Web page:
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Deur's modified gravity: a type of MOND inspired by QCD

  1. Apr 19, 2014 #1
    I found a few curious arxiv papers by Alexandre Deur (via Twitter).

    Deur works in QCD. He explains QCD strings (flux line between quark and antiquark) as due to attraction between gluon field lines, ultimately due to gluon-gluon interactions. Phenomenologically this adds a linear term to the inter-quark potential. He proposes that something similar could happen in quantum gravity, owing to graviton-graviton interactions, but argues that the extra term would be logarithmic rather than linear. (All this is in his 2003 paper.)

    Then he suggests that this can substitute for dark matter, as an explanation of galactic rotation curves. He has a take on the Bullet Cluster (page 9 here), and even has his own new empirical regularity to report, regarding elliptical galaxies.

    I would welcome comment on the empirical plausibility of his idea, but I would especially like to have some insight into the theory side. The emergent linear term seems to be standard QCD, but how does his logarithmic correction to gravity look, e.g. from the perspective of the holographic principle? And is there anything like this attraction between lines of gravitational flux, in conventional quantum gravity?

    Deur's work has been mentioned on PF a few times before.
     
  2. jcsd
  3. Apr 20, 2014 #2

    MTd2

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    Well, I asked about this before... But I never got a satisfactory answer. But, well, this always looked like the best answer so far... Well, there's the 3.7KeV. But it doesn't mean it's all dark matter there is. It could just be another type of particle that just needs explaining, and might be just a tiny bit of all dark matter, just like the neutrinos is only a small fraction of dark matter.
     
    Last edited: Apr 20, 2014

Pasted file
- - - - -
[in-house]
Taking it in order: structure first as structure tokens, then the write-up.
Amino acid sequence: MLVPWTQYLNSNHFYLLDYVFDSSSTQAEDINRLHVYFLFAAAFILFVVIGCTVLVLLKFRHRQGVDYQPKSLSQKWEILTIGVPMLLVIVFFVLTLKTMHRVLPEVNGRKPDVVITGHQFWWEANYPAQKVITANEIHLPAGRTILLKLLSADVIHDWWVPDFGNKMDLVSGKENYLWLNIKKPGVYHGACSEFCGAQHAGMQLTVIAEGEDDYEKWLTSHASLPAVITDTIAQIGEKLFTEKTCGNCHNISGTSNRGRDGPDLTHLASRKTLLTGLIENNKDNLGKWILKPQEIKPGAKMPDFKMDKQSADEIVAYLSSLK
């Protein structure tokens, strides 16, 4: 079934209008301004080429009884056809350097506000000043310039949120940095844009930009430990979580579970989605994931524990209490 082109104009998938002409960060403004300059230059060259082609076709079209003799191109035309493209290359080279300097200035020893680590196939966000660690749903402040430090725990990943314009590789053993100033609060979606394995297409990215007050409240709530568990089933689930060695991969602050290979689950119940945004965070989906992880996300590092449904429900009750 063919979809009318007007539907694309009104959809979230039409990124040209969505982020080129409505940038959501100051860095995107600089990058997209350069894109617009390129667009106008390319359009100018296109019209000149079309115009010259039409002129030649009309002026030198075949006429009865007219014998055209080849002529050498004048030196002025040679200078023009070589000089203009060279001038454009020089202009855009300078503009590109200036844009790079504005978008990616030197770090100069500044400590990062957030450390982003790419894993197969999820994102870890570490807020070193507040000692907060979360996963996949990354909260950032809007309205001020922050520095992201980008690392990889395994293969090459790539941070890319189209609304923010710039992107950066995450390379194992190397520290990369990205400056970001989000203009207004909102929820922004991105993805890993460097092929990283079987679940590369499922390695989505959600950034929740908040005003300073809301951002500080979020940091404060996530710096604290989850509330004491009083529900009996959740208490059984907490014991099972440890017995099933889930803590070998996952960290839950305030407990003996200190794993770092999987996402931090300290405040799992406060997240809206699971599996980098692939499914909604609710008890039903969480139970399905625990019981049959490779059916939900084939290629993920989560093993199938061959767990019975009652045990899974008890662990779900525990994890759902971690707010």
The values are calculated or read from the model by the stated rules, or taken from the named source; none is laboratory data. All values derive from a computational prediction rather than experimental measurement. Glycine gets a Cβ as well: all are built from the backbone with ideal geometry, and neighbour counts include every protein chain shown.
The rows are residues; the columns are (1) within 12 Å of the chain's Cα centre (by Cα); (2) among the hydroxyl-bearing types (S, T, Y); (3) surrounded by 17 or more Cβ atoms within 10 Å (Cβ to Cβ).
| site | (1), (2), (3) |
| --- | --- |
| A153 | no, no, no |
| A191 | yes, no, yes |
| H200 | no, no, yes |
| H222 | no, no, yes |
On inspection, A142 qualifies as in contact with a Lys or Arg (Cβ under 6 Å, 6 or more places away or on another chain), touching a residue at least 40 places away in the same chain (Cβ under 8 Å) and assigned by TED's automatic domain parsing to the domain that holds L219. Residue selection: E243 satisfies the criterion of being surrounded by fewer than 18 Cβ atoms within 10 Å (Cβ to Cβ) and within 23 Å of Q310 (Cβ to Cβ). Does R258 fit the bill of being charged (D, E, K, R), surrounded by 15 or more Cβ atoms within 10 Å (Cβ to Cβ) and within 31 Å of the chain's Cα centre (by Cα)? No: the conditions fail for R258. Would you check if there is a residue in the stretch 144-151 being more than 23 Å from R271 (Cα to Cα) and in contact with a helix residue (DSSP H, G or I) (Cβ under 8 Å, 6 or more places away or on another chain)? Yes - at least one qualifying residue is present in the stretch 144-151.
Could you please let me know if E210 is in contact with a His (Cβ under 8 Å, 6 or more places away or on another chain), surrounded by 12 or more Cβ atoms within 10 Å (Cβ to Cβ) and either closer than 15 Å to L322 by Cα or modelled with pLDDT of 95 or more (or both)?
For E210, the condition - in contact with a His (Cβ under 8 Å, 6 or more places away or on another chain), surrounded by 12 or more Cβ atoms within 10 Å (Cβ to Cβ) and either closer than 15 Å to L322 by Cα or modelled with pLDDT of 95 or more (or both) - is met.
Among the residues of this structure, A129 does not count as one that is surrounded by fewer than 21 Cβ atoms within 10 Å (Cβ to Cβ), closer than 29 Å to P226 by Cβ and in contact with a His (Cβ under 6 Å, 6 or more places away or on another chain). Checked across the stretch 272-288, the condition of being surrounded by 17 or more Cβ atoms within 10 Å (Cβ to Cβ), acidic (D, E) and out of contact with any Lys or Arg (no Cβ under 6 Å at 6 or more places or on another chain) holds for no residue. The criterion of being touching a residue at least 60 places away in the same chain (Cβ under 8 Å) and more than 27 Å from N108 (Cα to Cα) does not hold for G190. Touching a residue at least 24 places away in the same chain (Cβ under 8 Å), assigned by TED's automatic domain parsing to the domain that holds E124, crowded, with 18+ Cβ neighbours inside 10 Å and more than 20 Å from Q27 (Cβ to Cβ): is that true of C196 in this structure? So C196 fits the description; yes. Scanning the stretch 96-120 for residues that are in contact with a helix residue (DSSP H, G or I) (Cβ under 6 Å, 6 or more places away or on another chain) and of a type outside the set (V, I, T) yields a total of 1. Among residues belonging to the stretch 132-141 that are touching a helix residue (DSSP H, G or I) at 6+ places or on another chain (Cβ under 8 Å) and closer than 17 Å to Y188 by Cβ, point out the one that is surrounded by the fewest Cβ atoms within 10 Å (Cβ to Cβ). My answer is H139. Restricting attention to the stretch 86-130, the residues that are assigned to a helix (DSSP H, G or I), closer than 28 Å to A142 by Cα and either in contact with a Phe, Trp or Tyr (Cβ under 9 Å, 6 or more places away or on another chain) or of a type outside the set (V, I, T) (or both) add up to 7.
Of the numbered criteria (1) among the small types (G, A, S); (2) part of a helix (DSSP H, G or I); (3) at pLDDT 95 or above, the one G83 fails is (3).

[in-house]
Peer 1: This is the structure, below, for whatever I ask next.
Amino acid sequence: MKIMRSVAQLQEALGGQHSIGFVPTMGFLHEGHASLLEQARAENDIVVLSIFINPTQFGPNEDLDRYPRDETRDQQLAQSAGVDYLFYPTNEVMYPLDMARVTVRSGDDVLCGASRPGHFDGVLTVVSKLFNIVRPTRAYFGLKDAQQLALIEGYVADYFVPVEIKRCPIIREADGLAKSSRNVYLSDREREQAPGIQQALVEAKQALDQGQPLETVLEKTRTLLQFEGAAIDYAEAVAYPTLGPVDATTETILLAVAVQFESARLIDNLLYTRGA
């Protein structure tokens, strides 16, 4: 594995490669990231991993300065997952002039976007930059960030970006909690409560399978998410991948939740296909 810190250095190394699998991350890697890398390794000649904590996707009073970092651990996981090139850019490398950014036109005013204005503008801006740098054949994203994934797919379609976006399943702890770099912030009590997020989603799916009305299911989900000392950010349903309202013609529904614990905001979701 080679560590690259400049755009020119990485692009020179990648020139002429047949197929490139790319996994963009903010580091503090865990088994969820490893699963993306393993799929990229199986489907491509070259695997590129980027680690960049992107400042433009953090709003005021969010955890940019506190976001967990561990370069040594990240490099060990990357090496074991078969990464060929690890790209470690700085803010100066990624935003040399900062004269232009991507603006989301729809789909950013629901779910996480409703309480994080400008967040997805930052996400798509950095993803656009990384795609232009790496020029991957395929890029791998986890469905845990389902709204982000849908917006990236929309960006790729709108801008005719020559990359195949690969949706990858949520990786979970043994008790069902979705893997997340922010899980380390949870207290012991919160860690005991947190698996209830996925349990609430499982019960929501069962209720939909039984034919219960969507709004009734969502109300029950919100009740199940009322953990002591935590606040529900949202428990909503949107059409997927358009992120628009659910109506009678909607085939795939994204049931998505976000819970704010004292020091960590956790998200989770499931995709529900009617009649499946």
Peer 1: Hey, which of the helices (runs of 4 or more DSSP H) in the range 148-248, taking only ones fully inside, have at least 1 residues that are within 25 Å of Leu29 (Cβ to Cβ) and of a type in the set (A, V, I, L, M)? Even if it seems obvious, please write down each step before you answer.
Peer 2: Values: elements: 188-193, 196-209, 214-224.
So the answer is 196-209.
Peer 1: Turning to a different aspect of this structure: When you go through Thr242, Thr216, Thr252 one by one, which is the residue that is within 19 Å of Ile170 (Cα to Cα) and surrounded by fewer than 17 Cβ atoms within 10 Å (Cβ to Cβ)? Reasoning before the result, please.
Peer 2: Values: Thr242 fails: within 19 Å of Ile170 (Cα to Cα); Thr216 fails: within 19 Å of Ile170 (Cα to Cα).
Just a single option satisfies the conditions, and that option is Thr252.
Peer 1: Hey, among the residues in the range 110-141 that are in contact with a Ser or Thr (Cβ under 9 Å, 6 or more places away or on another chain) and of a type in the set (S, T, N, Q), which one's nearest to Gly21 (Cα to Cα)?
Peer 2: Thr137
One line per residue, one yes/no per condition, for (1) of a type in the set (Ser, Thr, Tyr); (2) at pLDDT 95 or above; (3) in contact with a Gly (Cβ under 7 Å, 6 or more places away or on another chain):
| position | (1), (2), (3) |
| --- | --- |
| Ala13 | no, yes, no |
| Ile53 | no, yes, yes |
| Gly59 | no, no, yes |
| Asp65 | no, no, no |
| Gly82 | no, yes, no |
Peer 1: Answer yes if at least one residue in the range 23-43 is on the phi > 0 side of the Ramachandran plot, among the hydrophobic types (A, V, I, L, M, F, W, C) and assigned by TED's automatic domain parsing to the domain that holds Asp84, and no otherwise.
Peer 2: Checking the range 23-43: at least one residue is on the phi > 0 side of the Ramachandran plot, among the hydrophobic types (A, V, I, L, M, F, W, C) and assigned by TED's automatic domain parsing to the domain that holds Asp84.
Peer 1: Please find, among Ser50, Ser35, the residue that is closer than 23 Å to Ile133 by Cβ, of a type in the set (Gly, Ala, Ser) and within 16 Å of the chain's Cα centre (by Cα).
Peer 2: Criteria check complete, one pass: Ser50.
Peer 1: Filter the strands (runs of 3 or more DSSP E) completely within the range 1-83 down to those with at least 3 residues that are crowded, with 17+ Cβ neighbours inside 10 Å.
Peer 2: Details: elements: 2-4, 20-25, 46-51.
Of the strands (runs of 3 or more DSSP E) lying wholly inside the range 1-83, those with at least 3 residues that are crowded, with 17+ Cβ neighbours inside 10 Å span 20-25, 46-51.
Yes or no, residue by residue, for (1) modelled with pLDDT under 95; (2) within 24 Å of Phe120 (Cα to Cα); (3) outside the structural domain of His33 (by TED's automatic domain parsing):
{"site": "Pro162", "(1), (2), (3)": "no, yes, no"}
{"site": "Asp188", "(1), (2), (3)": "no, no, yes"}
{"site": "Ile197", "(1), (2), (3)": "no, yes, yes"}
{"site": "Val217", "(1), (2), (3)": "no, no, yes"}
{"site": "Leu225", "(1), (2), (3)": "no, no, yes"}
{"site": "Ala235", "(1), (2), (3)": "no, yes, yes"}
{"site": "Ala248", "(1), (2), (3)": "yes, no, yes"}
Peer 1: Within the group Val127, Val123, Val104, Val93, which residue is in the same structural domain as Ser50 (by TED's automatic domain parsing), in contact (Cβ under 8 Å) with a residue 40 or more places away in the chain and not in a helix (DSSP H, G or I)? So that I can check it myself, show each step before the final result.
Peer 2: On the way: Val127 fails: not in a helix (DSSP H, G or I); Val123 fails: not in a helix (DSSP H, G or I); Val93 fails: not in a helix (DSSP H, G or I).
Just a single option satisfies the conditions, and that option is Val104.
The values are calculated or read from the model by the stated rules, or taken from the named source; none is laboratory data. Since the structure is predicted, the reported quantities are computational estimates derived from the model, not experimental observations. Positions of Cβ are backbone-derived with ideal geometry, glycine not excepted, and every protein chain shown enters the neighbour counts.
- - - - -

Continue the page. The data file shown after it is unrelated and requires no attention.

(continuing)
4. Aug 5, 2014 #3
    The theoretical justification for Deur's work is that gravitons carry energy-momentum and since gravity couples to energy-momentum (including rest mass, although it is zero for gravitons), then a graviton can directly couple to another graviton. This has been known for a long time. In the early 60s, in his gravitation lectures, Feynman was drawing his diagrams with graviton coupling to graviton.

    I don't know of any insight from the holographic principle, but the group theory way to understand this graviton self-interaction may be to realize that the gravity "charge" is the energy-momentun tensor. Since it is a matrix, it leads to a non-commutative group structure of gravity (if gravity can be described as a gauge theory). So gravity should be a non-abelian theory with self-interacting force carriers. Likewise for QCD: there are several QCD "charges" (the colors), so the group elements are matrices, so QCD is non-abelian. Then imposing local gauge invariance with the non-abelian group implies self-interaction terms for gluons. Does this make sense?

    The emergence of the log potential does not seem to be fundamental. Deur explains it (2014 paper) by the fact that in a planar distribution of matter, gravitons are confined to propagate in 2 dimensions. Any graviton that would wander out of the plan would be pulled back by gravity. A force confined in 2 dimensions goes as 1/r so its potential goes as log(r).

    I found a nice summary of Deur's work at:

    http://dispatchesfromturtleisland.blogspot.com/2014/07/is-dark-matter-just-self-interaction-of.html
     
  5. Aug 14, 2014 #4

    ohwilleke

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    FWIW, Dispatches From Turtle Island is my blog (Turtle Island is a pre-Columbian Native American name for North America).

    If Deur's math is right, then all phenomena attributable to dark matter can be attributed to non-linear effects of a General Relativity reproducing graviton particle based self-interaction that only manifests in cases that are not spherically symmetric, which is an underexplored area of mathematical modeling.

    In his analysis, dark matter phenemona increase in importance with mass scale (which is why MOND works at galactic scale, but underestimates galactic cluster scale effect), but only manifest to the extent that a system is not spherically symmetric, which is why elliptical galaxies appear to have proportionately less dark matter than spiral galaxies and why nearly spherical elliptical galaxies appear to have proportionately less dark matter than more elongated elliptical galaxies according to a set function that he shows holds on an empirical basis. It also explains why in the low mass solar system vicinity there are no observed DM effects.